Padmaavat (2018)

Padmaavat (2018)

Matt Wyatt
Fledgling Mobian
Matt Wyatt
Fledgling Mobian
Joined: Jan 5 2005, 04:47 PM

Jan 27 2018, 08:50 AM #1

The story of how the grand Bollywood epic Padmaavat finally reached theaters after an extended delay and a slight name change (from Padmavati) following numerous death threats against its director and female star (including a million dollar plus bounty offered for her beheading) may forever overshadow the actual film itself, but if you're a fan of director Sanjay Leela Bhansali, you won't be disappointed. Myself...I loved it.

But first, a couple of comments about two of the trailers that played before the main feature. One was for an oddball looking comedy called Pad Man, which is described as being about "the life of Arunachalam Muruganantham, a Tamil Nadu-based social activist who revolutionized the concept of menstrual hygiene in rural India by creating a low-cost sanitary napkins machine." No joke. It stars Akshay Kumar, who has toplined a number of crazy action films. The bonkers theme song makes me want to see this. Then there was the trailer for Hichki, which looks like an inspirational drama starring the always ravishing Rani Mukherji as a teacher with what must be the cutest form of Tourette syndrome that I've ever seen. They had me at Rani. A definite must see.

Back to the main feature. The massive controversy surrounding Padmaavat is something that you can google, so I won't waste space here going into detail, except to say that it was much ado about nothing. Based on a famous epic poem about characters who may or may not have actually existed, Bhansali's film plays out like a sort-of feminist Bollywood Masada and, weirdly enough, it may even be the ultimate movie for the current #MeToo and #TimesUp movements. The brutish lead villain, who surprisingly gets most of the film's screentime, is rather like a historical forerunner to Harvey Weinstein, using all of his immense power and resources to try and possess the heavenly queen of another kingdom.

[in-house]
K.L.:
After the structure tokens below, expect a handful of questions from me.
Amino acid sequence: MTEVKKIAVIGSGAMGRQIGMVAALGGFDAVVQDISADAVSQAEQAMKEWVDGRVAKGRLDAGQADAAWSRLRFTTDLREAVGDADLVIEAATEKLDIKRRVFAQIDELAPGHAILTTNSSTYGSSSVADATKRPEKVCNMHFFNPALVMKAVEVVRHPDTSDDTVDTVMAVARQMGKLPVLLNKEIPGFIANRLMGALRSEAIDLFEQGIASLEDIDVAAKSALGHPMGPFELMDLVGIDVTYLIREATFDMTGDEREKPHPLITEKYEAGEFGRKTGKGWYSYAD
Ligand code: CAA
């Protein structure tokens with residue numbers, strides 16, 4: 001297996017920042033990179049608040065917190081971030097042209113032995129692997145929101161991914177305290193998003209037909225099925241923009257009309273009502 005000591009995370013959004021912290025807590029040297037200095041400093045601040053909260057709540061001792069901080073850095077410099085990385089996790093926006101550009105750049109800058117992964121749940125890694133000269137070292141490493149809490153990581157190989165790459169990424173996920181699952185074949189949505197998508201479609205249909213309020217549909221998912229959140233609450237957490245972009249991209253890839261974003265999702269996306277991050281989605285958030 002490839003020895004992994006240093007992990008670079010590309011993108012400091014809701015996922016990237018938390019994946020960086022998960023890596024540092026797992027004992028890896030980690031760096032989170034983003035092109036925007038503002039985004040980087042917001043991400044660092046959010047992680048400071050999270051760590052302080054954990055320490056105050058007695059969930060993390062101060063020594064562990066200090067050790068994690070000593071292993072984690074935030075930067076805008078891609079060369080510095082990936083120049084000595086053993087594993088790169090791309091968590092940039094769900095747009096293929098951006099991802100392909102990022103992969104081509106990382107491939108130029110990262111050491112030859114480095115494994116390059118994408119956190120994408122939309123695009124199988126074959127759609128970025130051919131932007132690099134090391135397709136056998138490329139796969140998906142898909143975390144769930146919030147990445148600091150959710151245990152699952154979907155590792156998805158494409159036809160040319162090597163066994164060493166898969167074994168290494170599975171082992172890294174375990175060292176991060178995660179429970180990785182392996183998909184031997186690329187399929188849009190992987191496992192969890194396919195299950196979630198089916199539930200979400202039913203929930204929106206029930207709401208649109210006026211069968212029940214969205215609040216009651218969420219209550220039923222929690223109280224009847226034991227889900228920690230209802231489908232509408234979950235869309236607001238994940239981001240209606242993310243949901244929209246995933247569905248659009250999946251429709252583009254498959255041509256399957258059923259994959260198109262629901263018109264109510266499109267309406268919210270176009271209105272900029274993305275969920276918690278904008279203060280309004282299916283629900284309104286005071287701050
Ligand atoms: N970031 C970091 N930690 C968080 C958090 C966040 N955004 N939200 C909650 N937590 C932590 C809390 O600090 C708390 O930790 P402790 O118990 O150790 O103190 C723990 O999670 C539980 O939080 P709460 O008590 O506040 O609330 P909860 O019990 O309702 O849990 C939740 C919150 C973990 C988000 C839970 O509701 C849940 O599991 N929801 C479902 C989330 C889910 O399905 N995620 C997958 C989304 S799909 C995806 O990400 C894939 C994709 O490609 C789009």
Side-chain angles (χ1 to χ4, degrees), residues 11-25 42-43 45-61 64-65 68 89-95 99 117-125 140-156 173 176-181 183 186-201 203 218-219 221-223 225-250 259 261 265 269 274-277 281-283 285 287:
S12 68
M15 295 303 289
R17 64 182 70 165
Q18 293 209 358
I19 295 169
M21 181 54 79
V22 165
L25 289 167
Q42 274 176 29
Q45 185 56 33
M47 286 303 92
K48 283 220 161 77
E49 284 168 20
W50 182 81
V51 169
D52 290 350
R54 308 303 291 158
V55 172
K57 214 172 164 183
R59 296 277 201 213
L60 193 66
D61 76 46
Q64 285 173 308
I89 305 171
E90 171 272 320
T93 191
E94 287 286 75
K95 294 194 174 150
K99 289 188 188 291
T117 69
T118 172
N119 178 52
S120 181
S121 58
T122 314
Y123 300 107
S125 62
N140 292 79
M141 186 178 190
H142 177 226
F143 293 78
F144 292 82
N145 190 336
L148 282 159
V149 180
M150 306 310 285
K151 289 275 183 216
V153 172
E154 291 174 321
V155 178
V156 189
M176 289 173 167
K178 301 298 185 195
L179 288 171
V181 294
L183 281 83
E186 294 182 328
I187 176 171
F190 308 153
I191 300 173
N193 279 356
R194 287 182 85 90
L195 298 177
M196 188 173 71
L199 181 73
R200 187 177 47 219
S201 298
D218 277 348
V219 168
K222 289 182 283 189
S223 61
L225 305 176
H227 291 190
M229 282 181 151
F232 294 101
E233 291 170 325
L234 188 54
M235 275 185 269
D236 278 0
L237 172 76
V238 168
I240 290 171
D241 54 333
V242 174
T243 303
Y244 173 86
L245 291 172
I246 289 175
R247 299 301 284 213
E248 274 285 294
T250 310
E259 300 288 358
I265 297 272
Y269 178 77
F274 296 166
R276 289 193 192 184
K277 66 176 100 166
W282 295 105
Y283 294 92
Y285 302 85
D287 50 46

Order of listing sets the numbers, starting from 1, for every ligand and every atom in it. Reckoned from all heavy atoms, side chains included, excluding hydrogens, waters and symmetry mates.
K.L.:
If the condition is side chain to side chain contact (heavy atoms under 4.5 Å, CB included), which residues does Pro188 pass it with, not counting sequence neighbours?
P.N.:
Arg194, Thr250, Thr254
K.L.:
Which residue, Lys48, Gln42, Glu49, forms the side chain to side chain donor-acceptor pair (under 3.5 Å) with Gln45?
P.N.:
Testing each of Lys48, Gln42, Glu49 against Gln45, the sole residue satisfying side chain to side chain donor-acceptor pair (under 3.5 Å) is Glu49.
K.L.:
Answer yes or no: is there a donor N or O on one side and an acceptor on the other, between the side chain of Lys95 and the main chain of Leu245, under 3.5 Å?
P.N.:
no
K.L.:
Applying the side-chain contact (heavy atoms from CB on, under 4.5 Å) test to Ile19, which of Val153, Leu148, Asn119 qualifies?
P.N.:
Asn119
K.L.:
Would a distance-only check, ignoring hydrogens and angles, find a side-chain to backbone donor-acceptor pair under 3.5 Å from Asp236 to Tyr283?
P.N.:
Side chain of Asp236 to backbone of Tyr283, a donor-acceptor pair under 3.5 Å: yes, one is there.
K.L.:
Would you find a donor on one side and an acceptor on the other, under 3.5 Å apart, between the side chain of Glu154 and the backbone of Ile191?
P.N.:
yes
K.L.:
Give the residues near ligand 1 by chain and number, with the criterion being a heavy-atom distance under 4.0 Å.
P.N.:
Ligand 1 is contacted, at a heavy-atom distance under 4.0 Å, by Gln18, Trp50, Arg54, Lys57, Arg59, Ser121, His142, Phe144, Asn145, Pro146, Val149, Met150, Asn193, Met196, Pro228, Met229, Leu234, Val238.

Or, perhaps the movie is just Bhansali's cinematic love letter to actress Deepika Padukone, the stunning actress who starred in Bhansali's previous two films, Bajirao Mastani and Goliyon Ki Rasleela Ram-Leela, and stars here as "Padmavati," the ethereal beauty who becomes the major chess piece in a standoff between two kingdoms. When we first see her, Padmavati is gracefully romping through the forest hunting a deer when she accidentally fires an arrow into the chest of the visiting Rajput king from Mewar, Maharawal Ratan Singh (Shahid Kapoor). After she nurses him back to health, the smitten king asks her to become his queen and she agrees, traveling with him back to Mewar. After they discover Singh's royal priest peeping on them during a personal moment, he is banished from the kingdom on the advice of Padmavati. But, before leaving, the priest vows to return one day and destroy Mewar.